Settle in, CERN the multinational research group based in Europe had a colloquium on Low Energy Nuclear Reactions last Thursday. There was no big news, but there is interesting news out of Japan. The file downloads are a treasure trove of useful information.
To start is the 40-page PDF presentation by Yogendra Srivastava from the University of Perugia. The file is a set of the slides shown during the presentation and is complete enough to get a good feel for the narrative. This is the first complete enough and extensive enough presentation to put real confidence into the Widom Preperata – Larsen theory(s). The theory(s) may well turn out to be the facts, and if the connections Srivastava uses turn out to be accurate metaphors, the chance to inform the public is looking up and could very well prompt some public support.
Srivastava gets the technology overview going by page 9 and over the following ten pages covers the most likely and experimentally validated energy inputs. From electricity and magnetic to elastic piezoelectric, the prevailing influence of a theoretical view from Widom the evidence is compelling that with a good enough kit many experimenters can get in on the progress.
Celani gave an overview of background history of significant Low Energy Nuclear Reaction experiments for the CERN observers running 32 pages. The PDF file is strong enough that it would do for a download and saving for answering those you’d meet who’d like to get up to date in a brief way.
Of particular note Celani identifies 6 key unanswered questions worth a quick repeat in your humble writers preferred order.
1. What is the root cause of experimental irreproducibility? This problem deserves answered for multiple reasons.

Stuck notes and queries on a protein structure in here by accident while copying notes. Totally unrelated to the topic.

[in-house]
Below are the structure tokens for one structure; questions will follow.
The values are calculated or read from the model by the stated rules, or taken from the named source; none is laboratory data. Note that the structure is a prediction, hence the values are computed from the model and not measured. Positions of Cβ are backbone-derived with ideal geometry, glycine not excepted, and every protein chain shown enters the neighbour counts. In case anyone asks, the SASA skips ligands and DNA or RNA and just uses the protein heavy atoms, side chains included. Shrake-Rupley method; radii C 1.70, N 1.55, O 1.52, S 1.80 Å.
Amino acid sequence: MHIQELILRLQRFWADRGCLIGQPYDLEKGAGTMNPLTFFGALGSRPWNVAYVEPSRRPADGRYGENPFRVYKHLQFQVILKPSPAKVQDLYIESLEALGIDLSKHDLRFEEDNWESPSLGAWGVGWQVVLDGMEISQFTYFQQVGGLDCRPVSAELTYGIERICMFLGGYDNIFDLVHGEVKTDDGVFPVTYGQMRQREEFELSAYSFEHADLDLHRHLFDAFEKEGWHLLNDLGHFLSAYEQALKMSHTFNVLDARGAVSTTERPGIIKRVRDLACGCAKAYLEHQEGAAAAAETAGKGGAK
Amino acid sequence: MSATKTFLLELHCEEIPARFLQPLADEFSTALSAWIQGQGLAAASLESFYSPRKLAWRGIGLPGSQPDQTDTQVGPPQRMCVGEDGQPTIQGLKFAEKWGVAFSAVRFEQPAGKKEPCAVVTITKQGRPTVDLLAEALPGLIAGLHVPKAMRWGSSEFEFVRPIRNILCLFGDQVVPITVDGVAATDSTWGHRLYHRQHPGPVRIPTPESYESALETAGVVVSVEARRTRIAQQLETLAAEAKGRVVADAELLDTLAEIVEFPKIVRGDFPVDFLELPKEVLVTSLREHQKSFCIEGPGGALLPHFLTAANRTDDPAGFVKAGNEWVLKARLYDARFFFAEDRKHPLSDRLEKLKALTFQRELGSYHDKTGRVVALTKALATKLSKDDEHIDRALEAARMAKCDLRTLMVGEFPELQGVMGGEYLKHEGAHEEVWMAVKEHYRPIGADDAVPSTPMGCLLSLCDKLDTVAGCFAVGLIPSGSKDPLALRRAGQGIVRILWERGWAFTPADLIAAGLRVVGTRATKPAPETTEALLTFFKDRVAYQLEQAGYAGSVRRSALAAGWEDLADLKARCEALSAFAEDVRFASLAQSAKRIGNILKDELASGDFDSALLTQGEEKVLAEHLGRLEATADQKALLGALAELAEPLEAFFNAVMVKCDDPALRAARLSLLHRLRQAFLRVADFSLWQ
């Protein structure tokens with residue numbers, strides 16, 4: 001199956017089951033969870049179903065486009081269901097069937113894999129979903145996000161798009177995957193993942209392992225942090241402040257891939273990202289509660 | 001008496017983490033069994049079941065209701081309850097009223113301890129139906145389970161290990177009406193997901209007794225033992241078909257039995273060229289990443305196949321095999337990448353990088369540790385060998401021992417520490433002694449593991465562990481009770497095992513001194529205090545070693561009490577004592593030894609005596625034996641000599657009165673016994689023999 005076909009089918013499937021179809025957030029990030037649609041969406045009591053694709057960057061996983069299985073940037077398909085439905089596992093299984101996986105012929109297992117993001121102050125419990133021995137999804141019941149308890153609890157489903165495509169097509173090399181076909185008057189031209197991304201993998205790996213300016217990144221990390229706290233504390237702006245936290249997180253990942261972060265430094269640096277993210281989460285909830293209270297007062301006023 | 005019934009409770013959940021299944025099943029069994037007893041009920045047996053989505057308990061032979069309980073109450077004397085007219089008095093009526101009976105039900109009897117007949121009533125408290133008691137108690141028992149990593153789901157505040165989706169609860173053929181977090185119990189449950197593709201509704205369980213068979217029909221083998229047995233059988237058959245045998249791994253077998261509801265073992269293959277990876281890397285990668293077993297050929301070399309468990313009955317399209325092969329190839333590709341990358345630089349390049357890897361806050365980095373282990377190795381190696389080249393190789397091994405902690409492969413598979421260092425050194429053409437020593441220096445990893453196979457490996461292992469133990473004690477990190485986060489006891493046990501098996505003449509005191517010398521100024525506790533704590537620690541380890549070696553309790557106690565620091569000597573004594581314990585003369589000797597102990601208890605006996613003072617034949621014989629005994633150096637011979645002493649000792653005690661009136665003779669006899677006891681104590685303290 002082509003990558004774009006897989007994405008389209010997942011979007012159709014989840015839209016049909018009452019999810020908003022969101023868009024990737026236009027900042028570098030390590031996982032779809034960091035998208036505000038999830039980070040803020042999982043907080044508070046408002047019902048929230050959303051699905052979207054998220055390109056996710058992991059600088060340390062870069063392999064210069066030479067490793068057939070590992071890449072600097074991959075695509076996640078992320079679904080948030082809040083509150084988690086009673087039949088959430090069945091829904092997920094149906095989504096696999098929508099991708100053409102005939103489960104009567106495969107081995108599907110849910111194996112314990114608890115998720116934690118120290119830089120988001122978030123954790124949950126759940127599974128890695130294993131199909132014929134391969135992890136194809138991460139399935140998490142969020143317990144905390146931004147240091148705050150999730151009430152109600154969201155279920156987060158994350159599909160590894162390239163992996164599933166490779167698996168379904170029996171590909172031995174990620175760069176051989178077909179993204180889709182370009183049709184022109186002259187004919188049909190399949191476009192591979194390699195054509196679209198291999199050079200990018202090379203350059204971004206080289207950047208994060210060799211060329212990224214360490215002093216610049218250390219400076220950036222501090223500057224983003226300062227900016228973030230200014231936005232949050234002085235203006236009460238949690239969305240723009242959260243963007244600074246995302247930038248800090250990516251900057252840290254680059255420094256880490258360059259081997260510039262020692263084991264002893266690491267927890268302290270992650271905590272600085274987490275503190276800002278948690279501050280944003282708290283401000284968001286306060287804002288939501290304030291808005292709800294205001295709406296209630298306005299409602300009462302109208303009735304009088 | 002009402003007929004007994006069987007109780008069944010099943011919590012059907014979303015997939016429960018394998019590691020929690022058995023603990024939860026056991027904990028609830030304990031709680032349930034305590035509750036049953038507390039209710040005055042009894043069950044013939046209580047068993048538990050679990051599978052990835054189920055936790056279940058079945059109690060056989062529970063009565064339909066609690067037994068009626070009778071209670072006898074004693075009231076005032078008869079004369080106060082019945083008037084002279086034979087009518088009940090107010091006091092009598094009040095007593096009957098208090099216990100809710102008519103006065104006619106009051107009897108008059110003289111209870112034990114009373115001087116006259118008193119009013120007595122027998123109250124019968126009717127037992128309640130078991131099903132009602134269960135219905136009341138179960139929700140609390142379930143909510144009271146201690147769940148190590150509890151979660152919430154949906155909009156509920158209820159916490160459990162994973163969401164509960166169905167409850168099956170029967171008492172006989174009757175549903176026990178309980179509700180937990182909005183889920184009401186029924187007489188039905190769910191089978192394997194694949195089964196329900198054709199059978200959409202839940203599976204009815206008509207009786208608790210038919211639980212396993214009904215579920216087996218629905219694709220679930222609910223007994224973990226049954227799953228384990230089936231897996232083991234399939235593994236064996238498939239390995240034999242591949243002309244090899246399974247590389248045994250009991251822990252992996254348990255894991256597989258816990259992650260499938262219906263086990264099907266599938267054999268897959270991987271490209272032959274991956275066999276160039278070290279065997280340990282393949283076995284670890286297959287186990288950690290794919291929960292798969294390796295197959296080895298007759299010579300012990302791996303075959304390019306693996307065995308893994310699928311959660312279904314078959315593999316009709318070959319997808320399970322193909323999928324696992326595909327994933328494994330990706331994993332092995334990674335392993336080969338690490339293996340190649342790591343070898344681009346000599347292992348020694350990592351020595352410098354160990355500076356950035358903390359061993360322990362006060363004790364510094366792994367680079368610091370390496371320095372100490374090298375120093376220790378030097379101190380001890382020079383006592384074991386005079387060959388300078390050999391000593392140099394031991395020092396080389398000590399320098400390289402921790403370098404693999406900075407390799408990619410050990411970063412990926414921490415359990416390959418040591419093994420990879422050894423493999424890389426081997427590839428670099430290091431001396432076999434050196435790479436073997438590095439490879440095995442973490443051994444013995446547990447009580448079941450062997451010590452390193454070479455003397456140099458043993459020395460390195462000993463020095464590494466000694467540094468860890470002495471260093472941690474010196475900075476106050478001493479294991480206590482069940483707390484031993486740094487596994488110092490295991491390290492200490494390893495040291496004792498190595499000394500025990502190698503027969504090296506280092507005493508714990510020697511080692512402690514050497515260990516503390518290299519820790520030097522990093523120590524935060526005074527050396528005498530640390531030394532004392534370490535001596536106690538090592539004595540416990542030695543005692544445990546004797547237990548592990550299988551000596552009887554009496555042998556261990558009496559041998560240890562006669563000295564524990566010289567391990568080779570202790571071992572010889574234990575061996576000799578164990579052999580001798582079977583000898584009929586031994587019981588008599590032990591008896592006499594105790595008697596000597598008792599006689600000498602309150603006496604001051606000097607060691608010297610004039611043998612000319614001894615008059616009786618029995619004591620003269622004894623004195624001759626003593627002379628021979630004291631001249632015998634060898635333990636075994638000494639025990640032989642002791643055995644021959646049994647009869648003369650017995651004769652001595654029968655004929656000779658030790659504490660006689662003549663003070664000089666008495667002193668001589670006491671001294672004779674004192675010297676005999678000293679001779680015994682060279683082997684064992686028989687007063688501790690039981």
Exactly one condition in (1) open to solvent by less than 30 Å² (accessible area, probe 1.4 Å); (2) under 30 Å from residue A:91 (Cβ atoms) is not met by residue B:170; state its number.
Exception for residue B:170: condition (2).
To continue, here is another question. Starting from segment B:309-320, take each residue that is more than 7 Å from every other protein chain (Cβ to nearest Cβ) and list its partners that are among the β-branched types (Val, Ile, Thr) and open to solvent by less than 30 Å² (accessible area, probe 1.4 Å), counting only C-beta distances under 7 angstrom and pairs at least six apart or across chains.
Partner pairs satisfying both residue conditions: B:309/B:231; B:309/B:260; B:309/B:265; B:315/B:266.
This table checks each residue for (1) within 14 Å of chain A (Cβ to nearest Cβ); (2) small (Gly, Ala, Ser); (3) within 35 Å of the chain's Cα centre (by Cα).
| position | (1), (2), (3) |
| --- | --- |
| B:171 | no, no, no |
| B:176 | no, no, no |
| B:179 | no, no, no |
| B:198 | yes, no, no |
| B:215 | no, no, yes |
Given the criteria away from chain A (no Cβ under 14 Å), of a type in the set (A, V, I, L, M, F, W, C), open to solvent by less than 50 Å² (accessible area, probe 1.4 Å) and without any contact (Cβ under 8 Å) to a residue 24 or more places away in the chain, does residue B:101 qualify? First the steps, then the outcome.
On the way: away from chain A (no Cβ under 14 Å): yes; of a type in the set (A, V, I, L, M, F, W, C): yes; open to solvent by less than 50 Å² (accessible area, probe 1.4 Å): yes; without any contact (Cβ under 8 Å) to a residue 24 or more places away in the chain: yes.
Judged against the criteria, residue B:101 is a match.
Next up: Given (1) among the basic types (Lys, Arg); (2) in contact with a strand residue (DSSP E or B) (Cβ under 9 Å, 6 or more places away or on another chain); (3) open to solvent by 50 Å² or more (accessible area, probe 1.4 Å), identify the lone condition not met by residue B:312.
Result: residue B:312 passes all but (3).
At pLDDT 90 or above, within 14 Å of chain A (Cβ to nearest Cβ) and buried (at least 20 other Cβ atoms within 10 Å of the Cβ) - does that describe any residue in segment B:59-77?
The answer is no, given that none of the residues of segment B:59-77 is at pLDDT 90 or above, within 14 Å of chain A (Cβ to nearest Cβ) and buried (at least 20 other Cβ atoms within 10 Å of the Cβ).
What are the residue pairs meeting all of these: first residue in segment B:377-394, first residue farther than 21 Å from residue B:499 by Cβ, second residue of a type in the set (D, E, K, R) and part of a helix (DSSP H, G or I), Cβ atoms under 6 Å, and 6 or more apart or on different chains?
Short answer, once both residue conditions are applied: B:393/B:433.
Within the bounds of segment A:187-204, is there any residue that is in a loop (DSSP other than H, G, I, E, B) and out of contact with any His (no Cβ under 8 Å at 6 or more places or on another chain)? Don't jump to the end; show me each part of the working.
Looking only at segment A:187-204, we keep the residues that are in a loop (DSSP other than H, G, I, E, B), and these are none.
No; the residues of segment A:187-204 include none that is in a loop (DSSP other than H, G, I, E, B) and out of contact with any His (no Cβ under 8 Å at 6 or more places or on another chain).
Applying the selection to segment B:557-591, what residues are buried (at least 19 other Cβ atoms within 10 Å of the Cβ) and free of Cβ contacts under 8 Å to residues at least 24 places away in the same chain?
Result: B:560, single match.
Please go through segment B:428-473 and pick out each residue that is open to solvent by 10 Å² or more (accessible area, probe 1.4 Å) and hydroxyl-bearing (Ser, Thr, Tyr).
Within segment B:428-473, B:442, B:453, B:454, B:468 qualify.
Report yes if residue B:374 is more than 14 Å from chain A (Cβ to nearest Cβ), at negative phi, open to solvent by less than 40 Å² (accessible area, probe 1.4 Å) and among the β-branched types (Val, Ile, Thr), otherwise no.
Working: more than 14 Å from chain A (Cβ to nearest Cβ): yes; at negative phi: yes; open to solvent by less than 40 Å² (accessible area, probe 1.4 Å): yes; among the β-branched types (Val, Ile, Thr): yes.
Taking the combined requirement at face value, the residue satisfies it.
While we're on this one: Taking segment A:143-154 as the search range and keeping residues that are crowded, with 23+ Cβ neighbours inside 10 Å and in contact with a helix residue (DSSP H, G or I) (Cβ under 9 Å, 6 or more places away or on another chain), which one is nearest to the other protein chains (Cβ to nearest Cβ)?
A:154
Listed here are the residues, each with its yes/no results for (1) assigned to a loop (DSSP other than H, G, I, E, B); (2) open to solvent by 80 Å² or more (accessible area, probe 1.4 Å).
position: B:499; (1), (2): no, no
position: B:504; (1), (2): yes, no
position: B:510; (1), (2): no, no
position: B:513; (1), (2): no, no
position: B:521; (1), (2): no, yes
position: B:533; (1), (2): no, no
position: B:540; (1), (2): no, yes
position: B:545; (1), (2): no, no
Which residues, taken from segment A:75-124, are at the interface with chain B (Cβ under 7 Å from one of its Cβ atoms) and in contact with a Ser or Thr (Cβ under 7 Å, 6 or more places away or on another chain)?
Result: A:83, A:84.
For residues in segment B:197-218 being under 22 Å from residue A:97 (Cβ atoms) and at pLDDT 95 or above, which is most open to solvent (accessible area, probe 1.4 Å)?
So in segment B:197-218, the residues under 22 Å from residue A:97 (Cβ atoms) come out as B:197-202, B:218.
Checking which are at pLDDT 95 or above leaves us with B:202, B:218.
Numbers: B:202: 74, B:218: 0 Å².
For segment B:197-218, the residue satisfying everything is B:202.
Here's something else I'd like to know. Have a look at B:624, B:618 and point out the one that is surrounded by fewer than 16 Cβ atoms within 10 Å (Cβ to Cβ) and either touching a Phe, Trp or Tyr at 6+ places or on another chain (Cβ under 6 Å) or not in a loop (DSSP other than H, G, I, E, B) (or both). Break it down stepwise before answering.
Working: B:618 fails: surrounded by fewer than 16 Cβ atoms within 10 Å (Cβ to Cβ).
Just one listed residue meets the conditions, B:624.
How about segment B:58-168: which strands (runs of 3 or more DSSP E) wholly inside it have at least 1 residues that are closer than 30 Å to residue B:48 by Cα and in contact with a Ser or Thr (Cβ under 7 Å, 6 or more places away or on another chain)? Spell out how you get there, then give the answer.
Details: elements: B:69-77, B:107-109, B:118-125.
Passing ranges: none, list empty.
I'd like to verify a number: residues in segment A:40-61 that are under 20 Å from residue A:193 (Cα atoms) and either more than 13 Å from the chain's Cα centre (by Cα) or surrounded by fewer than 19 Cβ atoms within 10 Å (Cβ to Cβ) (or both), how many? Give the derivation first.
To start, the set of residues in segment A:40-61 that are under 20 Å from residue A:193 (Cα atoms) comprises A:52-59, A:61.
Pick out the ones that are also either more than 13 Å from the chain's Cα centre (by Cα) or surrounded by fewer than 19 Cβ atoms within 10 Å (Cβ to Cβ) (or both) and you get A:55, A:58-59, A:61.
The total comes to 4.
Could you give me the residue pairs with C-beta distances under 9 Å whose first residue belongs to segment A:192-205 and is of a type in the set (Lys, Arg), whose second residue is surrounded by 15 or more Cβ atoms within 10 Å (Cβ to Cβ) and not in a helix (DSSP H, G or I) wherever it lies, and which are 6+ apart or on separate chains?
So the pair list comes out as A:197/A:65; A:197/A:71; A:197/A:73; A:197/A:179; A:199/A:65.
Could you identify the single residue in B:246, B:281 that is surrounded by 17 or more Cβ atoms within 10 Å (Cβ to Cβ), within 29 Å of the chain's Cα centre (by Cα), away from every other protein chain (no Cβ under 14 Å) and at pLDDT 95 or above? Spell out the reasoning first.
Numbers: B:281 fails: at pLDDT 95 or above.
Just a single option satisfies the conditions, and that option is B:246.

2. Is there one mechanism active or are there multiple processes? A question that leads to:
3. Are the reactions only nuclear, only atomic or both?
4. Which external factor could be used to initiate and control LENR?
5. What, if anything, is common to electrochemical and gas loading experiments that have exhibited excess power and heat?
6. Do the reactions occur only on the surface of materials or also in the bulk (volume) of the materials?
As a set the order may be subjected to more questions that individual experimenters seek to answer as they make progress. Celani does make the leading matters to outside observers pretty clear. As the possible answers get closer to firm conclusions the news will really heat up. Celani winds up with an appeal for an international, multidisciplinary approach. The idea has merit as well as sparking reservations. Still, the world needs answers and the questions that follow more than a giant research project.
Celani and Srivastava were both expected to at the colloquium so the news centers on a new player: Mitsubishi Heavy Industries Technical Headquarters from Japan. Keep in mind the Japanese folks never fell for the cold fusion assassination that went on in the west. Instead they worked along, making progress.
Mitsubishi is saying, “D2 gas permeation through nano-structured Pd multilayer film makes it possible to induce nuclear transmutation under low pressure and low temperature condition.” That was followed by the notice the Toyota R&D Center, Osaka Univ., Iwate Univ., etc. replicated the transmutation experiments of Cs into Pr.
LENR is going commercial?
Mitsubishi is hoping for three applications, nuclear transmutation of radioactive waste, production of rare earth materials and a portable nuclear energy source.
This news while subtle is quite interesting. The folks at Mitsubishi are looking far beyond palladium, platinum and nickel. That begs the question – “What is it they already know?” They seem to have an answer that stimulates a far-reaching implication – there may well be Low Energy Nuclear Transmutations or “LENT” across a much larger part of the element table that any of us have been thinking so far.
Srivastava offered a reminder of Enrico Fermi who famously said, “Give me enough neutrons and I shall give you the Entire Periodic Table.” Evidently the huge Japanese conglomerates are taking the Fermi dictum seriously with encouraging results.
That LENT term seems to be a new acronym we’ll need to keep at hand. Srivastava used it as well as Mitsubishi. The term clearly implies rather solidly that Cold Fusion to LENR is moving on with LENT as well.
Perhaps the colloquium served as a wakeup call to the folks at CERN. The private industry work surely raised eyebrows. Rossi and Defkalion aside, cold fusion to LENR to LENT is getting more interesting by the month.